The Justice Department is planning to launch a new strategy aimed at addressing the heroin and opioid crisis in the U.S. Attorney General Loretta Lynch in a memo is urging prosecutors across the country to more readily share information across state lines about prescription drug abuses by physicians, according to a Friday report from USA Today.
The memo, which is expected to be sent next week to all 94 U.S. attorney offices, is meant to help identify drug traffickers and routes more quickly, the newspaper reported.
Federal prosecutors will also be directed to coordinate enforcement efforts with public health officials in their districts, putting an emphasis on treatment and prevention, Lynch told the paper.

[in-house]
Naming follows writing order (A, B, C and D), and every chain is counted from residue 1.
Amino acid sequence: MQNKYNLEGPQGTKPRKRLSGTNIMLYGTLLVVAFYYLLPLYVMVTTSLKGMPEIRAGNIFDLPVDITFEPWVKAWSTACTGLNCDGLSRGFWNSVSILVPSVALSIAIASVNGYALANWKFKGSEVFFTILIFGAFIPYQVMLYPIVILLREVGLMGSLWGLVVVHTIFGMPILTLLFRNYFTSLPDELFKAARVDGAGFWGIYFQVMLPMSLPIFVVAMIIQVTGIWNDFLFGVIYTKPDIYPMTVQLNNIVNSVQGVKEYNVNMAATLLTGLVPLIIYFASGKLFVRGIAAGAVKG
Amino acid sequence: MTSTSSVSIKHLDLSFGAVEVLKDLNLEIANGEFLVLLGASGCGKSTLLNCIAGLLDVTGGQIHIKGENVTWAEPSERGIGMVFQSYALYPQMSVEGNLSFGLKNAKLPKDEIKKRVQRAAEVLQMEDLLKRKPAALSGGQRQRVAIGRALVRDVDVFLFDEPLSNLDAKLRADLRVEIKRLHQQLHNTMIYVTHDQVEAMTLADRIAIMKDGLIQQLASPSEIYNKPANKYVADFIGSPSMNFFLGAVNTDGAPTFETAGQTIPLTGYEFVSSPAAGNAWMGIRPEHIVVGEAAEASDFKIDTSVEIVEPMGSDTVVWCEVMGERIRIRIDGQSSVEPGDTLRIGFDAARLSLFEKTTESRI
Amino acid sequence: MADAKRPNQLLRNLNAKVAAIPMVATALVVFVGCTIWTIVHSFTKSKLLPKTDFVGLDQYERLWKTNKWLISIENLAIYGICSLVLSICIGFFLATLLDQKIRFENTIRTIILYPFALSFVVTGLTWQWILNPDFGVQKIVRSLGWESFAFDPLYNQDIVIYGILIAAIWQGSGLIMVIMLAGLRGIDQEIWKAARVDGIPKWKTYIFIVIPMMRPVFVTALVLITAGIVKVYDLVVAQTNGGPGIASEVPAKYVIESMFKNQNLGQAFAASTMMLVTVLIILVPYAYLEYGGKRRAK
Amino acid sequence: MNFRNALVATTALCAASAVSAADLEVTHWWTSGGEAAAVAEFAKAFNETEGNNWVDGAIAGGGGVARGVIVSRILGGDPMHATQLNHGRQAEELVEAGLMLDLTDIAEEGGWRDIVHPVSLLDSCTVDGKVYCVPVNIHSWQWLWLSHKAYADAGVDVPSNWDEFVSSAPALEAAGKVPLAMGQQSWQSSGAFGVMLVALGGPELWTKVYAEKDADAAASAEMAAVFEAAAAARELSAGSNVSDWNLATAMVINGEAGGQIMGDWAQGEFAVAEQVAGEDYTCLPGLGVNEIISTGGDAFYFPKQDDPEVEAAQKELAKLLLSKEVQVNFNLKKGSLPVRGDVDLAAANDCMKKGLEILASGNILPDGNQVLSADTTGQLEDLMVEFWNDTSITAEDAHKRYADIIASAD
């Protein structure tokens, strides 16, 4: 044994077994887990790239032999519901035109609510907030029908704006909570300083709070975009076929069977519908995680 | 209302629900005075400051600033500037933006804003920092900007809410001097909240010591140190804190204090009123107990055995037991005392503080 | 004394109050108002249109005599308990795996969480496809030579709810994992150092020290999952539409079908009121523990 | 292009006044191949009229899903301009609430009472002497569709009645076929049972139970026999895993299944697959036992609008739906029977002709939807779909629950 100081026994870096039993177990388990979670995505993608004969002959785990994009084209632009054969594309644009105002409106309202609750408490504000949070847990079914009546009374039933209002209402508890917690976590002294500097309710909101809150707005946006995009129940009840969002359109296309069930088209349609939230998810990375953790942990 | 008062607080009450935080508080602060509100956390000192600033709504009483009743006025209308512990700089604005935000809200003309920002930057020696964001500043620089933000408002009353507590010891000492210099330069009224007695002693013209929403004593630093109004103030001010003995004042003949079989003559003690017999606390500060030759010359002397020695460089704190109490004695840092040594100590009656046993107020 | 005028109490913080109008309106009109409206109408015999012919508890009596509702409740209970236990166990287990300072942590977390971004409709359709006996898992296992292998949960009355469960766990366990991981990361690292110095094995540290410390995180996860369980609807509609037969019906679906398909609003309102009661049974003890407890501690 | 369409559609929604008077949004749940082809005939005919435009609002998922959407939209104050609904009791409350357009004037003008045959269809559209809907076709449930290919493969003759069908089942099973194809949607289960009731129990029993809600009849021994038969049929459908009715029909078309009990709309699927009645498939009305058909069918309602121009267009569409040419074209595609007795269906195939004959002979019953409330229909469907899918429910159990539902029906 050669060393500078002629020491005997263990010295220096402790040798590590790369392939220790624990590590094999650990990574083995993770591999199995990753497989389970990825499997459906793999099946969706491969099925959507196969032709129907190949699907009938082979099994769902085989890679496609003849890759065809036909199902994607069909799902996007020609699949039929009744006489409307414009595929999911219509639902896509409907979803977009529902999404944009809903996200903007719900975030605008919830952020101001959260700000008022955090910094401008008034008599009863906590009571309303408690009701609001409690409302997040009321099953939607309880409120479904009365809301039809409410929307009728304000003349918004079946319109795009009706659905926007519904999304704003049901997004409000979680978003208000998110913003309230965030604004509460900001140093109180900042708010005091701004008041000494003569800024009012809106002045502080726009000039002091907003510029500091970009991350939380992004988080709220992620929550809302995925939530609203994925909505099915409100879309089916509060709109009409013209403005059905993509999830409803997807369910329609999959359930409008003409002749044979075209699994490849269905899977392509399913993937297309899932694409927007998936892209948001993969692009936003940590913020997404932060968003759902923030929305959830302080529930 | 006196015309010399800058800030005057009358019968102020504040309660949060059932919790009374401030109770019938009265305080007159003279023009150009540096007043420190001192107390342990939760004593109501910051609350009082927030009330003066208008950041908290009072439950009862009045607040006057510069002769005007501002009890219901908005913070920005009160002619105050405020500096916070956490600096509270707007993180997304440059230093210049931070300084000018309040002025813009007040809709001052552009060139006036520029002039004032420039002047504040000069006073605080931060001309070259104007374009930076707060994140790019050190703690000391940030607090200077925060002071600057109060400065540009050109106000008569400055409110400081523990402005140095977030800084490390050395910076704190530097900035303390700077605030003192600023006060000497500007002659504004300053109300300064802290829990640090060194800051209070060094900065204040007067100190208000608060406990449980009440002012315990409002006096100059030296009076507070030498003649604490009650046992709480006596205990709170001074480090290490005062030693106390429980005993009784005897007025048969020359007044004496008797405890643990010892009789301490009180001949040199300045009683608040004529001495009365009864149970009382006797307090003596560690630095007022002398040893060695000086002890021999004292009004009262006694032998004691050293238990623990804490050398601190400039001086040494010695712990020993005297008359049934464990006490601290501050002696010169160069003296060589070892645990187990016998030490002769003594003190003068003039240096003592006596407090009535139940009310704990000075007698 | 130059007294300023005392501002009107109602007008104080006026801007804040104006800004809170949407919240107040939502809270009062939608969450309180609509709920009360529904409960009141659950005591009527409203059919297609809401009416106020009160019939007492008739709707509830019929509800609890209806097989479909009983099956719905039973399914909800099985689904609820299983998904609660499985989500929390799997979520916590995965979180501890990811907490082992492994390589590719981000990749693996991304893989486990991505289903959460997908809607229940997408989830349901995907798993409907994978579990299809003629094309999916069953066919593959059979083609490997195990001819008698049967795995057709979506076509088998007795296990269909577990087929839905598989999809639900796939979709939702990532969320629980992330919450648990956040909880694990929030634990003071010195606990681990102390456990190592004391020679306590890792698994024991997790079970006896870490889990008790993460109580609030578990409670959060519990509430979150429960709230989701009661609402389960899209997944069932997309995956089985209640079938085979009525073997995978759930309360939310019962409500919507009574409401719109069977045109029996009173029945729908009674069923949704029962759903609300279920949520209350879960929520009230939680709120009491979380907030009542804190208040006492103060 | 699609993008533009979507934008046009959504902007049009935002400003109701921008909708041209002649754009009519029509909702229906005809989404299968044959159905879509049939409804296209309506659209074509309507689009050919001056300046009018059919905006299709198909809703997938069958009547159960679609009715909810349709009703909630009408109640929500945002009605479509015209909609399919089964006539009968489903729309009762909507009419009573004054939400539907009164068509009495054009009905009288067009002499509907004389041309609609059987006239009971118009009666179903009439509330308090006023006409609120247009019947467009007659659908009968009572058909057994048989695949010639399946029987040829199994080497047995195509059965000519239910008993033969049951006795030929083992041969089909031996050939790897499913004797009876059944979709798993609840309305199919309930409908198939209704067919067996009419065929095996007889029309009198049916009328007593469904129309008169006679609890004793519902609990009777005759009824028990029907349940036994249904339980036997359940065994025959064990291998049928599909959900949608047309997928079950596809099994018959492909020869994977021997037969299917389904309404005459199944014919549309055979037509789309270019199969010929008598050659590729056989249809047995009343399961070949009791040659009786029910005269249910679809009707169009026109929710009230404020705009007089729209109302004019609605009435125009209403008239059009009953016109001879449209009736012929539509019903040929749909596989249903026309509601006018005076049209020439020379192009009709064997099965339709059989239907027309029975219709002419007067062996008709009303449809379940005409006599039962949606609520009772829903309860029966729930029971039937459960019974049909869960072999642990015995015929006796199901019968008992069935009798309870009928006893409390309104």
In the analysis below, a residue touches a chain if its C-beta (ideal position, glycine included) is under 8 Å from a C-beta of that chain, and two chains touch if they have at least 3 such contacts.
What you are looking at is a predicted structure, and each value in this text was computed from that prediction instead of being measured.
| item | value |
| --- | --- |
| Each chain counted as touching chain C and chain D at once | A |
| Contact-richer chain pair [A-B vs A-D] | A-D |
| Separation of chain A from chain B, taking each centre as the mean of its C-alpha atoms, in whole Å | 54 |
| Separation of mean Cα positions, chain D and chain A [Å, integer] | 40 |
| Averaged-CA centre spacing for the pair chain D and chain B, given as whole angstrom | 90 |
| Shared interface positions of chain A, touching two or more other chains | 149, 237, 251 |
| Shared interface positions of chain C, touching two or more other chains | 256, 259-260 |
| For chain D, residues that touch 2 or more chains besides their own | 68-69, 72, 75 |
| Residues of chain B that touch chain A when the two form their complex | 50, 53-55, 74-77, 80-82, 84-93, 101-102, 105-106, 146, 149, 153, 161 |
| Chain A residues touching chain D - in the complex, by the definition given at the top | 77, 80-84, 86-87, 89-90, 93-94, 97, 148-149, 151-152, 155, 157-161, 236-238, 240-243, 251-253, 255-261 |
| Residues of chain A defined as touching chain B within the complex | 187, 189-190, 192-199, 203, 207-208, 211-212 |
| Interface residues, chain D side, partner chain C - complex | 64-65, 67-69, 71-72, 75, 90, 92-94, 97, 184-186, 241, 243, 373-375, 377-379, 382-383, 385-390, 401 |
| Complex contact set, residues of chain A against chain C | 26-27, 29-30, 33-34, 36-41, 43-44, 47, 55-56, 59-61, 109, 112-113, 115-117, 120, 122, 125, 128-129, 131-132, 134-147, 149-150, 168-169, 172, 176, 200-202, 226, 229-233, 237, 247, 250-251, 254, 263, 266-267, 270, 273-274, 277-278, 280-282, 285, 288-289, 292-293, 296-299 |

"I'm not calling anybody out, because I think the people who look at this problem realize quickly how devastating it has been to families, to communities, to public health dollars, to law enforcement resources,'' she said. "There is no one magic bullet for this.''
Heroin abuse and the opioid epidemic have been regular topics on the campaign trail during this year's presidential race, and DOJ's plan represents a final push on the part of the Obama administration in dealing with the public health crisis.
The administration announced $53 million in grants to states on Aug. 31 to help fight opioid abuse. There were 28,000 overdose deaths from prescription painkillers and heroin in 2014, according to the Centers for Disease and Prevention (CDC).
The federal government has been accused of moving too slowly to address the issue, and other agencies have taken steps to address heroin, including more addition warnings from the Food and Drug Administration (FDA) and guidelines against over-prescribing from the CDC.
By Jesse Byrnes - The Hill/DSept. 16, 2016
Photo: Barry Blankenship, seattleweekly